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Scott Thybony's Canyon Commentary: The Dust Storm

Scott Thybony

Storm-blue clouds surge above the dunefield where we stand looking north.  On the far horizon dust explodes in plumes 300-feet high along a front several miles wide.  Photographer Dave Edwards and I are on assignment deep in the Painted Desert watching a dust storm head our way. 

The air holds still for a long moment until the wind picks up and the ground begins to stir.  Grains of sand shift, and soon the entire dune turns kinetic, vibrating hypnotically.  To the north, the wall of dust moves incredibly fast, covering ground at the rate of about 50-miles an hour judging by the known landmarks it passes.  Soon it will be upon us, and I can hear a steady roar in the distance long before the wind arrives.  At the last minute, Dave packs up his camera preparing for what is about to break loose.

The strongest winds in Arizona have been recorded in this section of the desert where immense dust clouds roll across a landscape as wind-carved as any in North America.  Rain falling at long intervals rough cuts the terrain, leaving the wind to do the finish work.  It sweeps down from the San Francisco Peaks forty-five miles away, sand-blasting a line of red cliffs rising near the dunes.  The abrasive winds grind away, shaping the rock into strangely-shaped monoliths called hoodoos. 

“There was nothing you could do,” Jack Goldtooth told me on a previous trip, “nowhere to go.”  A massive wall of dust once overtook the older Navajo when he was out with his sheep.  Living so remotely, he surprised me by comparing the dust storm to a scene in the Scorpion King.  His father, Frank Goldtooth, saw the wind as something more than a means of erosion.  The medicine man told an anthropologist how the Holy Wind was the supreme animating force of all living things.  He described the way it entered a person at birth, leaving whorls on the tips of the fingers, and left at the moment of death.  And in the stillness of the desert after a storm passed, Frank added, he could hear the sun singing songs as it traveled overhead.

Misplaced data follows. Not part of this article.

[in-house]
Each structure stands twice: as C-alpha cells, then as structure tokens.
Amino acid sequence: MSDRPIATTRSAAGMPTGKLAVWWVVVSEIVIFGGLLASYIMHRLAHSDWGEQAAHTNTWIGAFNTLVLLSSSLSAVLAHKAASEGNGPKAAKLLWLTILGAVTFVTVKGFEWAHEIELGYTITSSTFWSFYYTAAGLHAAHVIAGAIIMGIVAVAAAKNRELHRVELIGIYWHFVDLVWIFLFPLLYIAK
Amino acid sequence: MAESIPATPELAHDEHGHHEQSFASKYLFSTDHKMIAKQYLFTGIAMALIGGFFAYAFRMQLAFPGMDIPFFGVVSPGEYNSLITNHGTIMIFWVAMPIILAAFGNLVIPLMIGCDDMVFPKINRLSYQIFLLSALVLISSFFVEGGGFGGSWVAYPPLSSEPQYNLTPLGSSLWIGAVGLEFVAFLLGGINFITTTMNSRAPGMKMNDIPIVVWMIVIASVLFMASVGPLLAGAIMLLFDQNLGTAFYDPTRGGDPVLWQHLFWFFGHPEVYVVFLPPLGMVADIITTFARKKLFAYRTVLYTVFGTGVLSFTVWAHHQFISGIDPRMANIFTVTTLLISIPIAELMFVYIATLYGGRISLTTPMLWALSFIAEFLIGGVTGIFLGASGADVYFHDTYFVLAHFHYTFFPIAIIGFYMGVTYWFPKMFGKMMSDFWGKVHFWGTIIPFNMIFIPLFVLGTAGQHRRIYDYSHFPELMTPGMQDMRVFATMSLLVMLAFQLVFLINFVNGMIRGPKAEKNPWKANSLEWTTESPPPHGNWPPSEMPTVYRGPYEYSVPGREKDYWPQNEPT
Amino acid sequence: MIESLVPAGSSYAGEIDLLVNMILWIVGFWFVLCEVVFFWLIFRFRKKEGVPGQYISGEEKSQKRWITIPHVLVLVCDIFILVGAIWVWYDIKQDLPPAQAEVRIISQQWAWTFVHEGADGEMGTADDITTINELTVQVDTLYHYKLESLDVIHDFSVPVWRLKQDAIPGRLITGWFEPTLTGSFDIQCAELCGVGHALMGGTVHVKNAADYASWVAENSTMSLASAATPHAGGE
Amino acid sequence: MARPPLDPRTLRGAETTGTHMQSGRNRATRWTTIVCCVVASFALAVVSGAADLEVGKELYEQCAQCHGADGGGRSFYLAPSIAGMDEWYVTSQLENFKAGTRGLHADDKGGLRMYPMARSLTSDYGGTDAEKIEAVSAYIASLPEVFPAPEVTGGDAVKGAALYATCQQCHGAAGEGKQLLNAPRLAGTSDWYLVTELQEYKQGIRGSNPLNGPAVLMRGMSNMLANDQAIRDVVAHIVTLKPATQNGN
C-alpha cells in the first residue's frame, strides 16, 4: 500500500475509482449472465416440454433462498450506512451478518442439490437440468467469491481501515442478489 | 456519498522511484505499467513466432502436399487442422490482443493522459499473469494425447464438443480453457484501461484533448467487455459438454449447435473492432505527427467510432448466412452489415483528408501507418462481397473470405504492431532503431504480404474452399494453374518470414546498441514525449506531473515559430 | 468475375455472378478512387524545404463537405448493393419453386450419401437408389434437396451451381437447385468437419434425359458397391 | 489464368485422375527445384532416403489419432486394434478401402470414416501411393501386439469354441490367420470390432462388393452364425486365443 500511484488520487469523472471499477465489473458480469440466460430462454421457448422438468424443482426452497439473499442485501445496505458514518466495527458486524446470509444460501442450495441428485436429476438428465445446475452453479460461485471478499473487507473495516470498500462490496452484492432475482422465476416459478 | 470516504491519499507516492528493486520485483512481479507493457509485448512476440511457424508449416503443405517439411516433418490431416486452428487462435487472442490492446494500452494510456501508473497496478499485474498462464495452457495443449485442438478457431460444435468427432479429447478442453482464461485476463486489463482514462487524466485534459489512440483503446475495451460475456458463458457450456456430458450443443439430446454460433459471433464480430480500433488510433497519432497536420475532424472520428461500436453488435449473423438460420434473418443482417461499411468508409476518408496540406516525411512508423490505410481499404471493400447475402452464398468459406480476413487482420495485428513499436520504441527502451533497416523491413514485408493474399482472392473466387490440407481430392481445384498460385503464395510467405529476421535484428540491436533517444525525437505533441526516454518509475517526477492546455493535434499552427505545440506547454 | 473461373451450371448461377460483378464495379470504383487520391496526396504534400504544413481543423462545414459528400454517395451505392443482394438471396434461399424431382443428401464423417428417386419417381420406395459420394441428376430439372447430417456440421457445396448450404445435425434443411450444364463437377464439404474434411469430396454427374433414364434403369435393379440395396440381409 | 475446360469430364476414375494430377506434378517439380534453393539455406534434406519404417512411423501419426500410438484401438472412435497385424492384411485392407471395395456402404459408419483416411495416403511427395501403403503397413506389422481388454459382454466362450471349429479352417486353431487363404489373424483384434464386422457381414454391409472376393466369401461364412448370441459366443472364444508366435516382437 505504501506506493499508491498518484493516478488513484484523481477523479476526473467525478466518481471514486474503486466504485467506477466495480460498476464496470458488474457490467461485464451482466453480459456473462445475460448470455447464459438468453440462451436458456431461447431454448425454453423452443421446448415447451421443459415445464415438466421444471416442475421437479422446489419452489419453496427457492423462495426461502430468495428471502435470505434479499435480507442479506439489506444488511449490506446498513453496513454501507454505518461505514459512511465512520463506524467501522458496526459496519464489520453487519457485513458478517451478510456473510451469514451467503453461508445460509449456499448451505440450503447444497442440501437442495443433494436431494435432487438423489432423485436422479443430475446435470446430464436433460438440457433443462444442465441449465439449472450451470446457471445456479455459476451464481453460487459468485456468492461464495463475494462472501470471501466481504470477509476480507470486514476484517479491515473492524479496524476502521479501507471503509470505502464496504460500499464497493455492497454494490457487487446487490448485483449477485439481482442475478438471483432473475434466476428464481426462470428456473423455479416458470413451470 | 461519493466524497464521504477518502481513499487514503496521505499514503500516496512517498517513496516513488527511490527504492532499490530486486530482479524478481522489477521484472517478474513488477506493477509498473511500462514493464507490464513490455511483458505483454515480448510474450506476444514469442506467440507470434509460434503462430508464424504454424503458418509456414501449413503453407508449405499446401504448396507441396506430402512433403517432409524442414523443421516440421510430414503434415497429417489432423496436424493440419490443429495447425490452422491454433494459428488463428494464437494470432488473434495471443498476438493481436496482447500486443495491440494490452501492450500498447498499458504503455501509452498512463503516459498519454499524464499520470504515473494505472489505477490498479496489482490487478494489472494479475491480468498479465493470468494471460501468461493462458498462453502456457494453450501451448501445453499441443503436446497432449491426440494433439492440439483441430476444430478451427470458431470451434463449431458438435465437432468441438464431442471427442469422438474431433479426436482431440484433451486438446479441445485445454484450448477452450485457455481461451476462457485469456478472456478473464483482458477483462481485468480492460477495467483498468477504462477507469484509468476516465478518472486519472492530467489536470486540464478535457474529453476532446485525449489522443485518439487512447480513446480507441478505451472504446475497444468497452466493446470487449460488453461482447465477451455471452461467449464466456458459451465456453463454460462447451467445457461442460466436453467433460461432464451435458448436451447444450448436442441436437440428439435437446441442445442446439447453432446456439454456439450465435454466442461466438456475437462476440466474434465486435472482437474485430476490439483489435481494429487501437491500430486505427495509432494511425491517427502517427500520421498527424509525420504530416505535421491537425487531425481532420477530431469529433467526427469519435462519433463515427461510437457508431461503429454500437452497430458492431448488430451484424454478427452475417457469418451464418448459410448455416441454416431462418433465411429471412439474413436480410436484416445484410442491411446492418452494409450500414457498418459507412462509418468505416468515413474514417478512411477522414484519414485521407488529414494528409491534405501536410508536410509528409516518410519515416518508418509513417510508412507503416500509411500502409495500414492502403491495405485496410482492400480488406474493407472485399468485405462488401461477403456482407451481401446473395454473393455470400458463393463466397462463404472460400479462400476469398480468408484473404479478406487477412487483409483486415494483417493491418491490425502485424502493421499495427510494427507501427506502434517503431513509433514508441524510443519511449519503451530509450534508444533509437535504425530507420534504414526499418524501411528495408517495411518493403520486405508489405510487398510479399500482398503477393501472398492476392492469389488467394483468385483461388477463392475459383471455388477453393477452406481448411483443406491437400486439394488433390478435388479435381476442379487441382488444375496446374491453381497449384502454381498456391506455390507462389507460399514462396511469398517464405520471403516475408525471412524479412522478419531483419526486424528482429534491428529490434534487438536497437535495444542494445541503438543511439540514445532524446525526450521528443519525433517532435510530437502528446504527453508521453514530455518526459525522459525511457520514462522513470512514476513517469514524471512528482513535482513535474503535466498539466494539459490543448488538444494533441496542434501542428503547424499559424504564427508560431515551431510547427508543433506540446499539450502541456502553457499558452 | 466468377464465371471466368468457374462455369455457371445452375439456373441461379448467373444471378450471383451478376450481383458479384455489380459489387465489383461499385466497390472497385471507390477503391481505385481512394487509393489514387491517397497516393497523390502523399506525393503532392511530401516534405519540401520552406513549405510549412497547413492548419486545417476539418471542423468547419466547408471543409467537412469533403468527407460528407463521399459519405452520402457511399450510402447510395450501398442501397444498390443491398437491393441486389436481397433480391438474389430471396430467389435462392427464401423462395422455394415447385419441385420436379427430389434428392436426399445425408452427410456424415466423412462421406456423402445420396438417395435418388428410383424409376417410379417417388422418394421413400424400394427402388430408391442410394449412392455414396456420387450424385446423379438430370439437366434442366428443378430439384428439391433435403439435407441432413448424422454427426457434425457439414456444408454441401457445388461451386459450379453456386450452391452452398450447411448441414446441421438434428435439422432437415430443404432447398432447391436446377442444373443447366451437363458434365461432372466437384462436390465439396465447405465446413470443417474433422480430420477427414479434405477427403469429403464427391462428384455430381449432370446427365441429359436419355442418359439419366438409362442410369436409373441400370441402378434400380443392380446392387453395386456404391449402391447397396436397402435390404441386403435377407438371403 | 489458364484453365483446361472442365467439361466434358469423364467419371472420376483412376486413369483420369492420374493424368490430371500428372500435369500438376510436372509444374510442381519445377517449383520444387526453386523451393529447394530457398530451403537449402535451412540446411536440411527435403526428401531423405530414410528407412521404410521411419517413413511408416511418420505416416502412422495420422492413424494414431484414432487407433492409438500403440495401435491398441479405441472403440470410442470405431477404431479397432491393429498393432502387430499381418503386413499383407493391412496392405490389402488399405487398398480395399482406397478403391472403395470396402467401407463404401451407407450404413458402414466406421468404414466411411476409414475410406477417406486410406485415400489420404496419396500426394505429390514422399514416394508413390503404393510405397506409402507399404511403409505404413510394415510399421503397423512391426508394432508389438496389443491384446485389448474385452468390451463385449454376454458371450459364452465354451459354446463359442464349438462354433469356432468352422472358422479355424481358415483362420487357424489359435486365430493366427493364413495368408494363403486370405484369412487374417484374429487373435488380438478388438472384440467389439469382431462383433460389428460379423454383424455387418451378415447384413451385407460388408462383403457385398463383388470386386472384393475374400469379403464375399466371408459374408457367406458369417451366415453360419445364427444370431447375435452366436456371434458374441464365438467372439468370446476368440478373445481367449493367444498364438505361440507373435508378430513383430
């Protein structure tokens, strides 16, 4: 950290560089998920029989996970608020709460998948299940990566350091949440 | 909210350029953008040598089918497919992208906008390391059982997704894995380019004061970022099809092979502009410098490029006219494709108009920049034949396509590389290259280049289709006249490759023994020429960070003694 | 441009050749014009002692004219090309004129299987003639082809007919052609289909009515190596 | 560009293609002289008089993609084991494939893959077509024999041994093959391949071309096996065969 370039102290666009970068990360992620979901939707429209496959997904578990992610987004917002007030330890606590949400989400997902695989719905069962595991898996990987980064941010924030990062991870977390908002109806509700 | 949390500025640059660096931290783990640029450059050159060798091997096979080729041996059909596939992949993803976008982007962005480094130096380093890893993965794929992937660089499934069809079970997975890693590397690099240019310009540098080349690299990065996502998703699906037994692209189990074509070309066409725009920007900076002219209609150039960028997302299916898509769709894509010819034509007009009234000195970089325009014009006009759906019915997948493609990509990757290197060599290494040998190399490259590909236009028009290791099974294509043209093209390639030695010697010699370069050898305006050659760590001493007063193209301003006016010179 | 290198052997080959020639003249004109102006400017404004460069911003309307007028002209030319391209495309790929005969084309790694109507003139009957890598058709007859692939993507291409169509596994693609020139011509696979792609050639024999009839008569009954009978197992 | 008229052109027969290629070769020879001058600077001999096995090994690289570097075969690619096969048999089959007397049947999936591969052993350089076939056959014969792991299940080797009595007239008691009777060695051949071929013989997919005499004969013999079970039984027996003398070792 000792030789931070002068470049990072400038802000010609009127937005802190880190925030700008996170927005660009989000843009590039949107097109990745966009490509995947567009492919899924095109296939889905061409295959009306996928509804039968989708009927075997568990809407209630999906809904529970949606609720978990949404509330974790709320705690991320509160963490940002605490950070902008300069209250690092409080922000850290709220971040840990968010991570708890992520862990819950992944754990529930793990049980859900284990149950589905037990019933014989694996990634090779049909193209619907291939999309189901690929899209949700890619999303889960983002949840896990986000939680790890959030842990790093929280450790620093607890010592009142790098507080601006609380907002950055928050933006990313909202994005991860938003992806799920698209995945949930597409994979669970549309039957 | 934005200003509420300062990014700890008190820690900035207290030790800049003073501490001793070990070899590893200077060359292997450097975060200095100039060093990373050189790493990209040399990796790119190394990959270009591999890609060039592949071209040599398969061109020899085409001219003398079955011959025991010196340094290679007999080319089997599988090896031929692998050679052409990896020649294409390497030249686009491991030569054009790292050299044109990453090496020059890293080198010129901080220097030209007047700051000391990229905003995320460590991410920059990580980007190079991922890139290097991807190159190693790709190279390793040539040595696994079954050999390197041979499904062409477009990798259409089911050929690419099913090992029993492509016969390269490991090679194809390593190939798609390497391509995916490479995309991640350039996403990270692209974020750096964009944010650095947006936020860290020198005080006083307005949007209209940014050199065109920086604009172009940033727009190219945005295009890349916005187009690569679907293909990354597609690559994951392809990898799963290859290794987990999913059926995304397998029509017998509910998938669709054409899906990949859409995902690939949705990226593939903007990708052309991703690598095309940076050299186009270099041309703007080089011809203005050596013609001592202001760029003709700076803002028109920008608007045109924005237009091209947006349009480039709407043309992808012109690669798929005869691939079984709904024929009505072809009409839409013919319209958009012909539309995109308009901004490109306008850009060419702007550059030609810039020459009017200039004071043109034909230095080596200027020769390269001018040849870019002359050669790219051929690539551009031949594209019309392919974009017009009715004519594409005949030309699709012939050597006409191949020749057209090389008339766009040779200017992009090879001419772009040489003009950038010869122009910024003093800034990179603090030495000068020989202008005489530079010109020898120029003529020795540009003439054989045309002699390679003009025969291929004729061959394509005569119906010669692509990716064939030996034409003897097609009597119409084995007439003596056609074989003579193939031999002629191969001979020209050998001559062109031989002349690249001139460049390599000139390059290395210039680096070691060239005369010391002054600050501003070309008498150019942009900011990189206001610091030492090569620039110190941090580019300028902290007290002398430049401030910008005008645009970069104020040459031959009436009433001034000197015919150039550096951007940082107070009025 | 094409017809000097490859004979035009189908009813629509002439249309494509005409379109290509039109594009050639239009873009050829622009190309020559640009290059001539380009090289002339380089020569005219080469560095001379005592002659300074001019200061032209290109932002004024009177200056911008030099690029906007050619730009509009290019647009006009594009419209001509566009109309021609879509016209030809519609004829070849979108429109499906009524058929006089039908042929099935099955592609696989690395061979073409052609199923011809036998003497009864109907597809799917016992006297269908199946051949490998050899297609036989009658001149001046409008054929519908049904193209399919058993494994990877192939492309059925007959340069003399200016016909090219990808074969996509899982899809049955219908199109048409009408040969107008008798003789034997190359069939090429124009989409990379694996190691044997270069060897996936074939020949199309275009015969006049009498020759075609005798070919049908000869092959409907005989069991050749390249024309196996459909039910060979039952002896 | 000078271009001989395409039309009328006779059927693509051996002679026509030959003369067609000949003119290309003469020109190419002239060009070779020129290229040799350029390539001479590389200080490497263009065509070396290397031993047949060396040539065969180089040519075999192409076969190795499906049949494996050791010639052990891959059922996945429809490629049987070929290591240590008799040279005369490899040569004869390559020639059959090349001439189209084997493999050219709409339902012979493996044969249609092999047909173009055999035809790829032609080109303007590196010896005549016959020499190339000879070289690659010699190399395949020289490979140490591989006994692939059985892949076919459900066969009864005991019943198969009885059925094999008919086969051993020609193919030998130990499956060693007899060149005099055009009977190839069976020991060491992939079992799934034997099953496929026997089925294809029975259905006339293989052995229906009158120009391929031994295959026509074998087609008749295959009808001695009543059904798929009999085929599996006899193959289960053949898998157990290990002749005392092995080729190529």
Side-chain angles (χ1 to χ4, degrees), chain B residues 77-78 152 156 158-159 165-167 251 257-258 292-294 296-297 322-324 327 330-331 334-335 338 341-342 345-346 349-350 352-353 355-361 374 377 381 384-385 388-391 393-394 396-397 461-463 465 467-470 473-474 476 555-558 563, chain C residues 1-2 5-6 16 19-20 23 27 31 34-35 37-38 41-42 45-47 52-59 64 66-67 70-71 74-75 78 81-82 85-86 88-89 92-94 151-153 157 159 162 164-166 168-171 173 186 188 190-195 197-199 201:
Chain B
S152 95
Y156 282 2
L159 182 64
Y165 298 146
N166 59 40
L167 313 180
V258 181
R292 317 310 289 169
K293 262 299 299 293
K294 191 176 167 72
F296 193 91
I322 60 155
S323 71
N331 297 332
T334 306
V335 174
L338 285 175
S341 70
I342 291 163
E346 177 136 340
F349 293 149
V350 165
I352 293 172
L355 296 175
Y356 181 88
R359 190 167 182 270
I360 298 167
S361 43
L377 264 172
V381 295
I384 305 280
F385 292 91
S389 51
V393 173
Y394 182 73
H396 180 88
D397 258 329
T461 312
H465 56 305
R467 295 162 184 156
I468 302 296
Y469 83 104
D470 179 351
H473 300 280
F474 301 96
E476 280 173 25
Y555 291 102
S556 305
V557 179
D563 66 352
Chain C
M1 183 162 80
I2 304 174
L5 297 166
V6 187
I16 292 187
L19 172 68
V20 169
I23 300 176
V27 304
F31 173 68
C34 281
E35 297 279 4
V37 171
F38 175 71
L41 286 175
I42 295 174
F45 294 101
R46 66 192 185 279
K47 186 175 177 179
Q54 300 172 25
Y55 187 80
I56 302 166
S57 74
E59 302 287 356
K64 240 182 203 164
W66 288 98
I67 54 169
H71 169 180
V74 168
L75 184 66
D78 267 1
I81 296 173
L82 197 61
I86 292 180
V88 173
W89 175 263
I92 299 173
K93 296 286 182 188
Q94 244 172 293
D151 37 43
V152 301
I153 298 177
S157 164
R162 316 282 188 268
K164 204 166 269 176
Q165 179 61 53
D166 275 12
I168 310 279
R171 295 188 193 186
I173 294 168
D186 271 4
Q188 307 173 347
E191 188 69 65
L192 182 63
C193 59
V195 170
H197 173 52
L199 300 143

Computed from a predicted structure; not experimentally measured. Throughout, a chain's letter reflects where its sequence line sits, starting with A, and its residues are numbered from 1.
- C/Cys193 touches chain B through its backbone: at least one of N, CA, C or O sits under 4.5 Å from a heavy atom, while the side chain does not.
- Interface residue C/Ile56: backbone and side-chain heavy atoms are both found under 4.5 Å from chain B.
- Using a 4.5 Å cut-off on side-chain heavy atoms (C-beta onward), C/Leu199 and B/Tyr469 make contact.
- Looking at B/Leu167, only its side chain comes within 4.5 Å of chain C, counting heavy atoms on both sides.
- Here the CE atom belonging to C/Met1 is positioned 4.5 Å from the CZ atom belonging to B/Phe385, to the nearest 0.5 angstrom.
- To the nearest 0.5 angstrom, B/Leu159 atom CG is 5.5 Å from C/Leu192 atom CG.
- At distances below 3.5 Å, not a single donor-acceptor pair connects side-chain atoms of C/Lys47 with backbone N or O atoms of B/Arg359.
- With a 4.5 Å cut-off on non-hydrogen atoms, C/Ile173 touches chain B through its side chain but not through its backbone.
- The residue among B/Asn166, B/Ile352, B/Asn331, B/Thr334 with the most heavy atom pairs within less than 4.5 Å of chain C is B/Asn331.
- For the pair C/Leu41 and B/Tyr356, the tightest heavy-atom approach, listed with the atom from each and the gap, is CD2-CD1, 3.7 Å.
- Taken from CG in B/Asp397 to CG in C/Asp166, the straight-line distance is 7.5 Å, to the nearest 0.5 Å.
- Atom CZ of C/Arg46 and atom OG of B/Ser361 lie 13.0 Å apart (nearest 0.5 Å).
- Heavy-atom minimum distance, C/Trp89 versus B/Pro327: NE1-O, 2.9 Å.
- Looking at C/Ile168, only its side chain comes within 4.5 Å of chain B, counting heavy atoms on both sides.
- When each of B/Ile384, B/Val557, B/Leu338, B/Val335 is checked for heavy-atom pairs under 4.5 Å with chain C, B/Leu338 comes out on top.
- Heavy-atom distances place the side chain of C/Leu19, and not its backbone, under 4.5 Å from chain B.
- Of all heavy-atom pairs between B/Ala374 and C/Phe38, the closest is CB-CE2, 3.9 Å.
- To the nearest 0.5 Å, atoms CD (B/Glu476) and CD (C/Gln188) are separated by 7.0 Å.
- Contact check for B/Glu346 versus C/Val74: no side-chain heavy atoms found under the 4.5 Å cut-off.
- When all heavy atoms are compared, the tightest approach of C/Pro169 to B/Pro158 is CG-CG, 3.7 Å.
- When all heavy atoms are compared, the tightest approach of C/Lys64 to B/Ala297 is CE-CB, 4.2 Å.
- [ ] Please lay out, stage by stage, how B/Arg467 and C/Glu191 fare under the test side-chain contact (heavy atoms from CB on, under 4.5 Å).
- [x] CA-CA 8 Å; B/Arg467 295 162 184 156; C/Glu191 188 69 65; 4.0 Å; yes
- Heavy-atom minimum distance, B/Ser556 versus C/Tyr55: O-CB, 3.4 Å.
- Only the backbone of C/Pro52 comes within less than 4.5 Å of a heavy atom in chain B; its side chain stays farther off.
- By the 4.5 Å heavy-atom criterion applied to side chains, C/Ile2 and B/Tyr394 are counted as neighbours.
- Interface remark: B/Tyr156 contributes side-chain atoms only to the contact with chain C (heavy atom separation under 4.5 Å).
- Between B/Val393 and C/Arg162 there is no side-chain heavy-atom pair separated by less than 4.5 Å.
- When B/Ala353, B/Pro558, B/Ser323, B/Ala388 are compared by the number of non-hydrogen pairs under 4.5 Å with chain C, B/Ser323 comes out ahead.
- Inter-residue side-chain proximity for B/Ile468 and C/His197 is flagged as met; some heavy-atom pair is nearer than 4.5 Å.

The sky now darkens as the storm approaches the dunefield where we wait.  A stray tumbleweed cartwheels along the ground outracing the storm, and then another flies past and another.  The wall of dust nears as tendrils of sand flow up the side of the dune and streamers of sand blow across the flats below.  Suddenly the wind hits full force, and the air temperature takes a sudden dive.  My clothes flap violently and my hair whips about as dust is being sucked skyward. 

Turning our backs to the gale we retreat to the pickup, parked between the curving points of a barchan dune.  Dave and I shelter inside the truck and watch as the storm swirls around us.  We stare at the slipface, mesmerized by the grains blowing across it as wind combs the sand into curlers along the highest crest. 

The leading edge of the storm finally blows past, letting the sky and earth separate again.  We drive out of the dunefield the way we came as the wind eases.  Gripping the steering wheel, Dave breaks through fresh drifts of sand trailing behind each clump of grass.  The storm has covered all trace of our earlier passage.  We continue across the desert like a boat on water, leaving only a momentary wake behind us.


Scott Thybony has traveled throughout North America on assignments for major magazines, including Smithsonian, Outside, and Men’s Journal. An article for National Geographic magazine was translated into a dozen languages, and his book, Canyon Country, sold hundreds of thousands of copies. He once herded sheep for a Navajo family, having a hogan to call home and all the frybread he could eat. His commentaries are heard regularly on Arizona Public Radio.